This study presents the experimental and numerical simulation based characterization of a new modular solid-liquid sensible heat storage system. The field-scale storage prototype was constructed in the shallow subsurface and consists of 25 coupled 1.5 m³ storage units, each equipped with a helical heat exchanger in a cement based water saturated matrix. A charging and passive cooling experiment was performed over a period of 3 months, with a maximum storage temperature of 60°C and distributed temperature monitoring of the system. A detailed 3D finite element model of the storage system was developed and parameterized in order to analyze the governing heat transfer processes and quantitatively characterize the storage behavior. Experimentally observed and simulated storage temperatures show a good agreement, with differences of less than 2.7 K, which proves the appropriateness of the model approach. Average loading rates of 14.6 kW during the first 2 days and 4.3 kW during the following 10 days of heat charging correspond to a used storage capacity of 660 kWh and 1310 kWh after 2 and 12 days, respectively. During passive cooling the storage temperature was reduced to approximately 30°C within 30 days, which corresponds to a heat loss rate of 1.4 kW during that time and demonstrates the necessity for proper thermal insulation of subsurface heat storages.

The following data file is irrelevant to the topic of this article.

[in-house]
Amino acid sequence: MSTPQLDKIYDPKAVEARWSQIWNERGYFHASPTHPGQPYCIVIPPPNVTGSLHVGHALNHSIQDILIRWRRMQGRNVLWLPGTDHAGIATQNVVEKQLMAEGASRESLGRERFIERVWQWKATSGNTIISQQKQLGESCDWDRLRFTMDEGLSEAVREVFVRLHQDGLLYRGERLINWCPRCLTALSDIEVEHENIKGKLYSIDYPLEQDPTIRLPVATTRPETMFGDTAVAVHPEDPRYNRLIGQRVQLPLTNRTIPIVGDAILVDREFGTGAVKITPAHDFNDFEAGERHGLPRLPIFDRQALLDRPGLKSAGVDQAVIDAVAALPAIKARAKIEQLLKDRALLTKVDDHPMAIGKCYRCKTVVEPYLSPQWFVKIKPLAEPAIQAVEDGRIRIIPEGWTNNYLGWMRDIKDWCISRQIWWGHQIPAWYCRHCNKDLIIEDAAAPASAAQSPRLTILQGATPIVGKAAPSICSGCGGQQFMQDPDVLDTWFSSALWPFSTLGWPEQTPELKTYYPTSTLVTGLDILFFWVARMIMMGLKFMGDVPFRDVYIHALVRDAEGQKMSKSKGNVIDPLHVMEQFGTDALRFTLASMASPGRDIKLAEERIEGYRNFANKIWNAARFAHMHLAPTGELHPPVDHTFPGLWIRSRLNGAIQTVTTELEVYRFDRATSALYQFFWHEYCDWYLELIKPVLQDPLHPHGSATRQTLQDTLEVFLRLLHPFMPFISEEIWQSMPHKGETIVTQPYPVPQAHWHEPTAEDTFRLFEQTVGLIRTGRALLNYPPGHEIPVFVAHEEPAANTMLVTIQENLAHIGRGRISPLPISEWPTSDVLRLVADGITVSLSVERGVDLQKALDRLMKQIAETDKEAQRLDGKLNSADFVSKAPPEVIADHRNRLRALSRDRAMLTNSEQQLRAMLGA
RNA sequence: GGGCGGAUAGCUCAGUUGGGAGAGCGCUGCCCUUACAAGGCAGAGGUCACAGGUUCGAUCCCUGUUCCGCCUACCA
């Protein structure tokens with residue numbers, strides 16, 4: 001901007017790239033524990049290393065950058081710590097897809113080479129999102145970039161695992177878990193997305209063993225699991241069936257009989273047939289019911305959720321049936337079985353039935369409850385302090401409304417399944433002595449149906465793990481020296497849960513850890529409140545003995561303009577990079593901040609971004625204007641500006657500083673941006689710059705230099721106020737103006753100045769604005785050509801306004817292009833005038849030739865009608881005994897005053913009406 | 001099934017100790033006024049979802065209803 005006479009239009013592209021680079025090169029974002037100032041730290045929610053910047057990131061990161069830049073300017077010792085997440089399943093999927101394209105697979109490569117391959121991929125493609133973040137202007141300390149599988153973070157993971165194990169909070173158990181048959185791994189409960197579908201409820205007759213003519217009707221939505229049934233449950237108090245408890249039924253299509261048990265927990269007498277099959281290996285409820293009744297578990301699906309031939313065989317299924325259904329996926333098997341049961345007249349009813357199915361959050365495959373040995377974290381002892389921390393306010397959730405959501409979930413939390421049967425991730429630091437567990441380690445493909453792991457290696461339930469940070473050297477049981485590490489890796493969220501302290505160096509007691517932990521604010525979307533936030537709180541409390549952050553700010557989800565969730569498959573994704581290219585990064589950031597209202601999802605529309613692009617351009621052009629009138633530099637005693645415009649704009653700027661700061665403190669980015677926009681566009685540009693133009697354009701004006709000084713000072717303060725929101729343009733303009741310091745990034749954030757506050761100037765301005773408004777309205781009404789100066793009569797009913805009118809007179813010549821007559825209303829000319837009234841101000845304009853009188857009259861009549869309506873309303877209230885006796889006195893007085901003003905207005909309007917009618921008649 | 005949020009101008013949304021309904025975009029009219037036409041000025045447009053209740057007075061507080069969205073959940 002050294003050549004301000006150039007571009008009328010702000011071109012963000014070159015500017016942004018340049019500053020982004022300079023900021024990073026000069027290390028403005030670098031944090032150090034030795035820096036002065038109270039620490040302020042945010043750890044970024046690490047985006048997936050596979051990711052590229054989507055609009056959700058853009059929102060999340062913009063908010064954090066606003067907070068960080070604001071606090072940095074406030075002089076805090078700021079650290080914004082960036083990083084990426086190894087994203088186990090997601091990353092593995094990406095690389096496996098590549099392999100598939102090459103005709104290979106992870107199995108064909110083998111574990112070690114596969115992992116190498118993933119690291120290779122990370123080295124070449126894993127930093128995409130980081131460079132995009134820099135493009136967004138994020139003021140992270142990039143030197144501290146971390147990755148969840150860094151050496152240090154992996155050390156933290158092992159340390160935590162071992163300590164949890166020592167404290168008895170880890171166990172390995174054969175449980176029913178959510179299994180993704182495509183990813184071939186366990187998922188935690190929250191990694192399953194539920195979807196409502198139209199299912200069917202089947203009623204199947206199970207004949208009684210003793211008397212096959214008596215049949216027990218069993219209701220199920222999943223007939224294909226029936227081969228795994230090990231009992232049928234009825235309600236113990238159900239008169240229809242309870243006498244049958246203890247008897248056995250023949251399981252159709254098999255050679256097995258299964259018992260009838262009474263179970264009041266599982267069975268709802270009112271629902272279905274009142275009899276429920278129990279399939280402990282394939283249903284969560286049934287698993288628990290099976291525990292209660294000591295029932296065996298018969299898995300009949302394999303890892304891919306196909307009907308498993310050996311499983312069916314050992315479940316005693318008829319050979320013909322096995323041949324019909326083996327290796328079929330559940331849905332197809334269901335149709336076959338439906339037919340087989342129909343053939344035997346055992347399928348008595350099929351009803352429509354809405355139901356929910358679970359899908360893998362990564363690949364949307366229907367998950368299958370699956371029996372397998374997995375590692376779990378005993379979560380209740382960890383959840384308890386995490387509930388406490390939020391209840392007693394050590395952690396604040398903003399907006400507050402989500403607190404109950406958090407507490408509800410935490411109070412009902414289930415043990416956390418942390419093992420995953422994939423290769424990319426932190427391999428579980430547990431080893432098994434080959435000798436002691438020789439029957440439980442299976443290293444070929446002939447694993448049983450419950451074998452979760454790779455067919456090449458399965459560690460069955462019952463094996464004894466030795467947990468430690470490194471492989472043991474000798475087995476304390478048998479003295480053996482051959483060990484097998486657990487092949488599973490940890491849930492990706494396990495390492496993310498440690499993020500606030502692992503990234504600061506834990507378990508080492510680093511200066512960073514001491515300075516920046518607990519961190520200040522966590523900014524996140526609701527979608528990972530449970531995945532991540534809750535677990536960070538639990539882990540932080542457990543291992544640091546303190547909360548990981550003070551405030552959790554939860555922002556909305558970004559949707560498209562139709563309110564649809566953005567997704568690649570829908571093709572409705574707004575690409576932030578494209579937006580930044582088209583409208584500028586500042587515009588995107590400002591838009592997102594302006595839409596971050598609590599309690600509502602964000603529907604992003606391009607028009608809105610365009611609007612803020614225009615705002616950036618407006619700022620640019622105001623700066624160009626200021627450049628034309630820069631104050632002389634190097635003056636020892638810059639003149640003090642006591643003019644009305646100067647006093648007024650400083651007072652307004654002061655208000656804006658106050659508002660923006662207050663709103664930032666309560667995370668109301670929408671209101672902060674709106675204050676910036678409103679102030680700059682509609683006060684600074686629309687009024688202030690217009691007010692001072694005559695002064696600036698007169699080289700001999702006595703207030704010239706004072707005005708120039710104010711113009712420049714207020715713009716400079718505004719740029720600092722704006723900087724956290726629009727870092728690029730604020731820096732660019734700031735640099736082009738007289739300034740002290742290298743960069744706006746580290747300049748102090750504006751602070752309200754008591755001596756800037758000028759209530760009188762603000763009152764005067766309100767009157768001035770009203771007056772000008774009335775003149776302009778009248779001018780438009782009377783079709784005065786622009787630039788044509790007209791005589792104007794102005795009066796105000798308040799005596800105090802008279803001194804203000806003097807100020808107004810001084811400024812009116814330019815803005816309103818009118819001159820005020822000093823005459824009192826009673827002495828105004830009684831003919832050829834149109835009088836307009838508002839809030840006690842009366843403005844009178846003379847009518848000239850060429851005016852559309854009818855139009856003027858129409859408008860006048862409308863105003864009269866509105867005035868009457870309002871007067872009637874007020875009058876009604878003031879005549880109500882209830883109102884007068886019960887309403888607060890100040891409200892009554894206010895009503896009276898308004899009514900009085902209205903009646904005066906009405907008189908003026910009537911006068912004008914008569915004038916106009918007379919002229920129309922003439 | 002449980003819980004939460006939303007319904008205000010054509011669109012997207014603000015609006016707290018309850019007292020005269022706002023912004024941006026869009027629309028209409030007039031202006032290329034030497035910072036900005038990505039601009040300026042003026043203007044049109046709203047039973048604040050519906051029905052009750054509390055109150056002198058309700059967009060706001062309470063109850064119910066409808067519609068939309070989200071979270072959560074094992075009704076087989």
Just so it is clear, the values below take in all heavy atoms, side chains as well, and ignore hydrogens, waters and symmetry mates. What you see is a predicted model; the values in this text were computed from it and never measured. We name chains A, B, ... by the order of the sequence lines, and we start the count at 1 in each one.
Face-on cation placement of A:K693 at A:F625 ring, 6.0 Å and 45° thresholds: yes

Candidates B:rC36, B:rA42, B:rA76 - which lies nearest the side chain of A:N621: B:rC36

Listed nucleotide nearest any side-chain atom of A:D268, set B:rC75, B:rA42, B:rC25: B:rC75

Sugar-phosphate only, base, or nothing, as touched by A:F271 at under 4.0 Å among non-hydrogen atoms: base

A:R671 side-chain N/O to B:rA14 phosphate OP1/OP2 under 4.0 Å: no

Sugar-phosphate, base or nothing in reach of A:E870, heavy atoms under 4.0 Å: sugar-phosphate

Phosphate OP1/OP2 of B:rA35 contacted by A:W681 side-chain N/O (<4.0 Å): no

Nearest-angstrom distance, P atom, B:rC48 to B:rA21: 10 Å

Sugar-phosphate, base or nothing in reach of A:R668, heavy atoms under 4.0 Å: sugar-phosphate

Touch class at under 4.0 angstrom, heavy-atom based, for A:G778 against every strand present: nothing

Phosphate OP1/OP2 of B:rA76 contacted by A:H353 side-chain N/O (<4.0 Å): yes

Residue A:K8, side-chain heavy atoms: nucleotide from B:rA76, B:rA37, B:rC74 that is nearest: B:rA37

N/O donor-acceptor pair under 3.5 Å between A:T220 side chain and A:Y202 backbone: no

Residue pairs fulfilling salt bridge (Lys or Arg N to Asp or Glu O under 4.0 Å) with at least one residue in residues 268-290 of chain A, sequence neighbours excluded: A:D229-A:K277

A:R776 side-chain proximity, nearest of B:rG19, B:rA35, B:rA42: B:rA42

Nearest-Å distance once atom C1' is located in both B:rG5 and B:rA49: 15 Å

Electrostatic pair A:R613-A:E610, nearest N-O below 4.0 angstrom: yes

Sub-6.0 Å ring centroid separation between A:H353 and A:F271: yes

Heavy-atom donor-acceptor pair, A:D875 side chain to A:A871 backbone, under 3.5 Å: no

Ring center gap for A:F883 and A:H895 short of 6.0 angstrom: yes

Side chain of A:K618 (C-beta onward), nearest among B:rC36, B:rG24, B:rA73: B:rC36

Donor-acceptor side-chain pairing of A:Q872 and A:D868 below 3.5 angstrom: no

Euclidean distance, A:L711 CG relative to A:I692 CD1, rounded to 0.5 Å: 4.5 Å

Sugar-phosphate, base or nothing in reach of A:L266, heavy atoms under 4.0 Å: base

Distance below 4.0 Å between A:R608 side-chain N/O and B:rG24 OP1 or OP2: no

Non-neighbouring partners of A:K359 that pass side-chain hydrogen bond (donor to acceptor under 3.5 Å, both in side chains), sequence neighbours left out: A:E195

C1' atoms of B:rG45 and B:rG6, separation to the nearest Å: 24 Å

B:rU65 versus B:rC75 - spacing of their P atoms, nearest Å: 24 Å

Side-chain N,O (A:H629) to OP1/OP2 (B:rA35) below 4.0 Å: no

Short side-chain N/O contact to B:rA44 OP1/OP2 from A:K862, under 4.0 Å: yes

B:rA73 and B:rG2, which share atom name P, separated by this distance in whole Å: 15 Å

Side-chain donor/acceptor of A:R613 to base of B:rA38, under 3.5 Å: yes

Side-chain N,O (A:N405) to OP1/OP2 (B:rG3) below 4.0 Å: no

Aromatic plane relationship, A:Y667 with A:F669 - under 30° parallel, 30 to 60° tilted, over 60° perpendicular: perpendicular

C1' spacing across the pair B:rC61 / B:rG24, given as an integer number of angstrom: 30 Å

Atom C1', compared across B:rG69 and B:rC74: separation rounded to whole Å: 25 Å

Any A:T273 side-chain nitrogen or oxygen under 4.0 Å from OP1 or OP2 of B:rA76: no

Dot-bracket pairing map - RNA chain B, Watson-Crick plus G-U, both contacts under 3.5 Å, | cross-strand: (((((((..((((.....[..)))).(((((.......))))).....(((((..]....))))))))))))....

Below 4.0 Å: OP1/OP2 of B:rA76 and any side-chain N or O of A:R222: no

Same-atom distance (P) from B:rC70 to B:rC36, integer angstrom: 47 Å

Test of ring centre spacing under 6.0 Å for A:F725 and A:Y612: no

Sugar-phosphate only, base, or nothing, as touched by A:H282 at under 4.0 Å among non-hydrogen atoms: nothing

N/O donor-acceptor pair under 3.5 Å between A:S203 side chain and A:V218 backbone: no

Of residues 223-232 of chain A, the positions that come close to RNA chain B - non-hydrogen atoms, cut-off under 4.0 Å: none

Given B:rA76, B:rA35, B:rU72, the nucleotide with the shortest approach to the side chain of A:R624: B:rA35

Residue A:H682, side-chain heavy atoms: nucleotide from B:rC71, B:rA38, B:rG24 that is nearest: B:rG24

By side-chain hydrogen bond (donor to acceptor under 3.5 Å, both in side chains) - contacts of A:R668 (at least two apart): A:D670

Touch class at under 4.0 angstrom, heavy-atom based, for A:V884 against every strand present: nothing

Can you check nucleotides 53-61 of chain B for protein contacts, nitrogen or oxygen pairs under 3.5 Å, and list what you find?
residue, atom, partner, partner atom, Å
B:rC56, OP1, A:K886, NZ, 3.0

Keywords sensible heat storage, subsurface, field scale experiment, storage characterization, numerical modeling